Aside from the glamor and fame, her focus was on helping others
As the world mourned the untimely death of international pop icon Whitney Houston, broadcast media continued to reiterate the 48-year-old's rise to fame, public battle with drug addiction and tumultuous marriage to entertainer Bobby Brown.
But those portrayals were just one side of the Newark, N.J., native.
Like her powerful voice, Houston was a multifaceted woman whose world did not start and end in the entertainment industry.
The former teen church choir member--who died Saturday night in a fourth-floor room at the Beverly Hilton, possibly from combining alcohol with the powerful anti-anxiety drug Xanax and a warm bath, was laid to rest on Saturday, Feb. 19. Houston was also a social activist and philanthropist whose fundraising abilities helped a long list of organizations.
She was particularly interested in helping children, and the words from her song the "Greatest Love of All" probably aptly sum up her efforts.
Born Whitney Elizabeth Houston on Aug. 9, 1963, she followed in the footsteps of her mother Cissy Houston by singing in church at age 11.
At 14, she was singing backup, first with Michael Zager's band on the single "Life's a Party," and then the next year with Chaka Khan on her single "I'm Every Woman,"
Years later in 1992, she would remake the song on the blockbuster "Bodyguard" soundtrack.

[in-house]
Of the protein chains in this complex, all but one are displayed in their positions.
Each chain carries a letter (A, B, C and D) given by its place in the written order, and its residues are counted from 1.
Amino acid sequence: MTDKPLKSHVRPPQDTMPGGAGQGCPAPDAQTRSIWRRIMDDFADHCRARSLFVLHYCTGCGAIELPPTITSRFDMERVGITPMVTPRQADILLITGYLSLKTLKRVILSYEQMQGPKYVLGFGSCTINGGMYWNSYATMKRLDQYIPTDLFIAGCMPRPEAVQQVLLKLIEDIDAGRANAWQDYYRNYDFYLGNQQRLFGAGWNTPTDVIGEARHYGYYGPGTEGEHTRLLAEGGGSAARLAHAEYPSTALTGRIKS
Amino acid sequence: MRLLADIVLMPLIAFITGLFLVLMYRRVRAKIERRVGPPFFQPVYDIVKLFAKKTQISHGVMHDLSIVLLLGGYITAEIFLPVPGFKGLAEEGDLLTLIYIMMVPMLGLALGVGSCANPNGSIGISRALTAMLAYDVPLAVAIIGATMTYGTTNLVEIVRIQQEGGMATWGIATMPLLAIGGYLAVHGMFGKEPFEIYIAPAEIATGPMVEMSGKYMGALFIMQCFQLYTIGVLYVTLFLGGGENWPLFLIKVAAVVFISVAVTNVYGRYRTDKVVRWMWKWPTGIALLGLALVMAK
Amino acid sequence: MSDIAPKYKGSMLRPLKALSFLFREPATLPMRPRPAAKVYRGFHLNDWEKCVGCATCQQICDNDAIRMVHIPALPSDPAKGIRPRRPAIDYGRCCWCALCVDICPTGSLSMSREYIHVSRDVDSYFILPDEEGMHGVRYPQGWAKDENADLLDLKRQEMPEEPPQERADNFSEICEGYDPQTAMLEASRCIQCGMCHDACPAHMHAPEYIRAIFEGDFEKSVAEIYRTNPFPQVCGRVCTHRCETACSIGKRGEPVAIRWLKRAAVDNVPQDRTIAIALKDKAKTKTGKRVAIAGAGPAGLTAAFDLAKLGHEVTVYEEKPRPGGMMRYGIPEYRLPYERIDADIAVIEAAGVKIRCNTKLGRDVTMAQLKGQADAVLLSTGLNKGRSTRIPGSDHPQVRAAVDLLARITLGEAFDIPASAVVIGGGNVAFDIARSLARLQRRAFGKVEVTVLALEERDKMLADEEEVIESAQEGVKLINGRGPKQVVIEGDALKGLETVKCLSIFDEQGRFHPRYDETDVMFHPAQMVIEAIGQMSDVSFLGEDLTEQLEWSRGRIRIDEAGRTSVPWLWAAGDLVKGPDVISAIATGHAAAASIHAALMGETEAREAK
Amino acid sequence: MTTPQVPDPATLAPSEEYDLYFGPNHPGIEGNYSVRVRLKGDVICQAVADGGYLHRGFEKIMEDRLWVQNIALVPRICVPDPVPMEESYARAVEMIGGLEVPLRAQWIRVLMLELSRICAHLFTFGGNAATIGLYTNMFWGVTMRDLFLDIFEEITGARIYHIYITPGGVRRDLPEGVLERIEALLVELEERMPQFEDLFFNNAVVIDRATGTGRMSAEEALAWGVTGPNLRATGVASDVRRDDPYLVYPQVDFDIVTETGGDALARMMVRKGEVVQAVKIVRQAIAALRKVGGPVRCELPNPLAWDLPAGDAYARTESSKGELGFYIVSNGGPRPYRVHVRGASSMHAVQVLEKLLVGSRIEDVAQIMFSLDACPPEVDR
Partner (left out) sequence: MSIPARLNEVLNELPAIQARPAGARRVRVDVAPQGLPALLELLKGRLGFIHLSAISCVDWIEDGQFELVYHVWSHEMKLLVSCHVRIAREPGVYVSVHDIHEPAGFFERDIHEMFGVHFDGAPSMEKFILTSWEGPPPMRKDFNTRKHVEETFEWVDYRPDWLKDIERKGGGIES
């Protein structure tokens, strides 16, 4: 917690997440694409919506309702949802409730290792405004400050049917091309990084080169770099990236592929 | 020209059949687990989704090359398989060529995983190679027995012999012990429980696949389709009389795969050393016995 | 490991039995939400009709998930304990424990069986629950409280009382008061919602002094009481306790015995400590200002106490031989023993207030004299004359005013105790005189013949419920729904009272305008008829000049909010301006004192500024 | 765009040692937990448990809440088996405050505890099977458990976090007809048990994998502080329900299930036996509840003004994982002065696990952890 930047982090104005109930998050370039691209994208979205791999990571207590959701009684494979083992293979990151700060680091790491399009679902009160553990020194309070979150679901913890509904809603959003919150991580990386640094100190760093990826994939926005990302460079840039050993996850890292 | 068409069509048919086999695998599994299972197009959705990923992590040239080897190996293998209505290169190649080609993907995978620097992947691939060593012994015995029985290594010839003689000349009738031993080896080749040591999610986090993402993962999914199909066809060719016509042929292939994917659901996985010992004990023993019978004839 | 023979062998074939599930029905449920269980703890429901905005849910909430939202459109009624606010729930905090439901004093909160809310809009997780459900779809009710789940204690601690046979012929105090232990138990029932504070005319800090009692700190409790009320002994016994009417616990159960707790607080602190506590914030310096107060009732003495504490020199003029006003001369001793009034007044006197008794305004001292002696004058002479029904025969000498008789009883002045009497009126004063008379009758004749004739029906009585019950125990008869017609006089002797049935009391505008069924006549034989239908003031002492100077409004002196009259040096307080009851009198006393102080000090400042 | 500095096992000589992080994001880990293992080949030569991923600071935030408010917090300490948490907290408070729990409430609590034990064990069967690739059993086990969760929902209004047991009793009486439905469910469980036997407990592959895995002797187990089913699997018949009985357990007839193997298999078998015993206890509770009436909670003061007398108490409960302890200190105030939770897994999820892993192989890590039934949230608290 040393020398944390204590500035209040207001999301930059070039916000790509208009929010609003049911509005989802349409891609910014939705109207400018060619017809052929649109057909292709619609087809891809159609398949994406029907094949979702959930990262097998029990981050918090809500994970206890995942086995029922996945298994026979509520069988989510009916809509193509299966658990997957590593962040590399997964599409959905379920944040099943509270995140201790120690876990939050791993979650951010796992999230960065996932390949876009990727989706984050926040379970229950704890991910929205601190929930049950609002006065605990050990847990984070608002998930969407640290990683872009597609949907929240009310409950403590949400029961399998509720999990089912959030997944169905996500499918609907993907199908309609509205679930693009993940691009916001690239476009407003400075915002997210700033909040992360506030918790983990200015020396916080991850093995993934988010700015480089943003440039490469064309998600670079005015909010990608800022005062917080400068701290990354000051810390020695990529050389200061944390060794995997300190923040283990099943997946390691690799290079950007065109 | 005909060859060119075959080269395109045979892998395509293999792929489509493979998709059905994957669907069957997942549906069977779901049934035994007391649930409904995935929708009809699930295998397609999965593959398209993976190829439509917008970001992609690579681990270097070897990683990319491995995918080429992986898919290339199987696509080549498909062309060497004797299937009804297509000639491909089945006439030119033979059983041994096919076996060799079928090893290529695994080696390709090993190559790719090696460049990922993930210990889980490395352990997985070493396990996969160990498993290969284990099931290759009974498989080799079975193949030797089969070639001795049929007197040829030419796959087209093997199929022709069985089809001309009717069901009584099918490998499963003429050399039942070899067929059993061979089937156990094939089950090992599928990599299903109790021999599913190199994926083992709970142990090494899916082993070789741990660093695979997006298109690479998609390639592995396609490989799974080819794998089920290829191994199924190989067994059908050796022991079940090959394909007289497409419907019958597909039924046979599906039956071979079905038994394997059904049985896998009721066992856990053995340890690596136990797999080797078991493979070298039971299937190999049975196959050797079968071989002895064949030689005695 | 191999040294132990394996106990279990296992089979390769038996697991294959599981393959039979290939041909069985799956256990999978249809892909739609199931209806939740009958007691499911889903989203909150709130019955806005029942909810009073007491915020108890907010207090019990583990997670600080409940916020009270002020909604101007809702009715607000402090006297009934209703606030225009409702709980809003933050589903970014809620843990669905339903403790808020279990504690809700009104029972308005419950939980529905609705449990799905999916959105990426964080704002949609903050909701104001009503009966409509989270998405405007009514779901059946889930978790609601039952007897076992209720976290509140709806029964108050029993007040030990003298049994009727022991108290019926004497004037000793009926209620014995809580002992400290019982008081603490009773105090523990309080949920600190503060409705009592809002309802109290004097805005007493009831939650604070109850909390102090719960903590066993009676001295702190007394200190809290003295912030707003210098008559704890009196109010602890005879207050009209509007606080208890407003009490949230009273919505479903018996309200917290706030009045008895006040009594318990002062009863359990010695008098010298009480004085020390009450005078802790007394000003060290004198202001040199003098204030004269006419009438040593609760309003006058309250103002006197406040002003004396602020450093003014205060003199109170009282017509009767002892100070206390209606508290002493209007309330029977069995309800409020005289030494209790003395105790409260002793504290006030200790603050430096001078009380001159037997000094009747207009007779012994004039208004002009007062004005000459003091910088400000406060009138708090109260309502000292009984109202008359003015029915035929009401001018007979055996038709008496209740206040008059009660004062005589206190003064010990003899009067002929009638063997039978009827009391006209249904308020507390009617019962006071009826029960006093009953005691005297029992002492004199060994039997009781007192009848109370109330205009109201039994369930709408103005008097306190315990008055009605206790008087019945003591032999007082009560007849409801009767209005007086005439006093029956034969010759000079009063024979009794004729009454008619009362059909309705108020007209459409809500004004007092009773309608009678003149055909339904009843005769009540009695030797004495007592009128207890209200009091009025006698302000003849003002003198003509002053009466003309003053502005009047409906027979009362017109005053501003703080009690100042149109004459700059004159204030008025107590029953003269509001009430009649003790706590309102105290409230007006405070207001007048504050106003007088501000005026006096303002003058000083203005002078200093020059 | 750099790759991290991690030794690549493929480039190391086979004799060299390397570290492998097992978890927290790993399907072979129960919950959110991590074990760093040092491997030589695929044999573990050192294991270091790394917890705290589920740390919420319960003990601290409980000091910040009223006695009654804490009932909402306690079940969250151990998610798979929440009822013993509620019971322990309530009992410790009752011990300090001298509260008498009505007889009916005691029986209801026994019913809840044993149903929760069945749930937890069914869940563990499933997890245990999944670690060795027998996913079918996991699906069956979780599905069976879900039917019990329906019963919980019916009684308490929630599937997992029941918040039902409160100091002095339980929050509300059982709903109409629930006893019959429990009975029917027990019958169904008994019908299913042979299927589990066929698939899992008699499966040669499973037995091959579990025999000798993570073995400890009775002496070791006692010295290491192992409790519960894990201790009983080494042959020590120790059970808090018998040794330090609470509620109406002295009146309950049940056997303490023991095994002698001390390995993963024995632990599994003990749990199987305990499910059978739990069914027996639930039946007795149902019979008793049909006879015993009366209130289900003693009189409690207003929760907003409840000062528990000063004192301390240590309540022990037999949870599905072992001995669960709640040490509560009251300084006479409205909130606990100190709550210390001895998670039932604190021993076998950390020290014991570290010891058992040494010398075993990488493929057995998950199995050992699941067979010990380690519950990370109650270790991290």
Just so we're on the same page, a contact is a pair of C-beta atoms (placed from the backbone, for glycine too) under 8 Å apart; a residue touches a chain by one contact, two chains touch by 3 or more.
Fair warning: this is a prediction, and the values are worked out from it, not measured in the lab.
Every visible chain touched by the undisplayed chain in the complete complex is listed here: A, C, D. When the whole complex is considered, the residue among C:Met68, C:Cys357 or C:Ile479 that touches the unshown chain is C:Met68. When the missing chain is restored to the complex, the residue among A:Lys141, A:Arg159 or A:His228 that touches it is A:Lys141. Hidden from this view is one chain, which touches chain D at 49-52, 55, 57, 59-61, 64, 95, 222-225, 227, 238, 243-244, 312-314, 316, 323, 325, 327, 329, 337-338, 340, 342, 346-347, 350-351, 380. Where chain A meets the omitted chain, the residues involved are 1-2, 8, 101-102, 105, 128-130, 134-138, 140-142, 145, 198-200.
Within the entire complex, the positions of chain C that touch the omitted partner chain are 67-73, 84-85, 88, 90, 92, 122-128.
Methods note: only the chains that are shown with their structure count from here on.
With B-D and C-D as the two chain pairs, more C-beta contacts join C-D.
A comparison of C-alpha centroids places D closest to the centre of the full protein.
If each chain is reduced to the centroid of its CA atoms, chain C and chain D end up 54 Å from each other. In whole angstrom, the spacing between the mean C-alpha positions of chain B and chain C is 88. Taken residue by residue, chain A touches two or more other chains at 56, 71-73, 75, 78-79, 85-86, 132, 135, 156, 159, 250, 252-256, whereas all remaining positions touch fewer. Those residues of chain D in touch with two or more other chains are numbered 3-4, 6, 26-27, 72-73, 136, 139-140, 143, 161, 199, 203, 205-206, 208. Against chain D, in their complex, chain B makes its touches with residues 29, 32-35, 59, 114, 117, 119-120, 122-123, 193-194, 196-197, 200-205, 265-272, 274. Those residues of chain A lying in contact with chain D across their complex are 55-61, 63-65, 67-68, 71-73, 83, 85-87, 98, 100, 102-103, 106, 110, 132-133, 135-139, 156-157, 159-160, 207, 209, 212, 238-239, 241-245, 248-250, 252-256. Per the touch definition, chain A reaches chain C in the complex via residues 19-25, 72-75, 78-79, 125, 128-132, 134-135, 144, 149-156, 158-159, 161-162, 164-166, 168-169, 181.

But before that, in the early 1980s, Houston would spend a stint as a fashion model.
She was one of the first women of color to appear on the cover of Seventeen magazine. She also appeared in layouts for Glamour, Cosmopolitan and Young Miss.
And it was during her years as a popular teen model that Houston's other side began to emerge. While modeling, she refused to work for agencies that did business in South Africa during its apartheid era, and she was one of the performers at a 1988 concert in London to celebrate the 70th birthday of then-still-incarcerated South African freedom fighter Nelson Mandela.
That concert added significantly to the international pressure being brought to bear on the South African government, and would play a key role in Mandela gaining his freedom.
The unkindest cuts?
The redistricting battle over South Los Angeles
By Stanley O. Williford
The relationship between the Los Angeles City Council's three African American members--Bernard C. Parks and Jan Perry on the one side and Herb J. Wesson on the other--showed signs of combusting into an inferno that could deplete much of what political capital the city's African American community has left.
The latest debacle was over the way Parks and Perry's districts were redrawn, and other sectors of the city also had a beef with the Los Angeles Redistricting Commission.
An earlier point of contention was over Parks and Perry not voting for, or being present, when Wesson was made president of the City Council, the first Black to achieve that status. Subsequent to that, Wesson removed the two from prime committee assignments.
On Sunday, March 2, Parks, councilman for the 8th District, took his complaint concerning the redrawn maps before the congregation at Crenshaw Christian Center, the largest Black church in his district. That church is one of more than 200 he said he had contacted over the redistricting issue, most by mail. Parks spoke to the congregation about 15 minutes, showing several maps on the church's big screens and explaining how the new map eviscerated his district of revenue sources and turned it into what he termed a "poverty pit." He explained that the same thing was happening in Perry's district.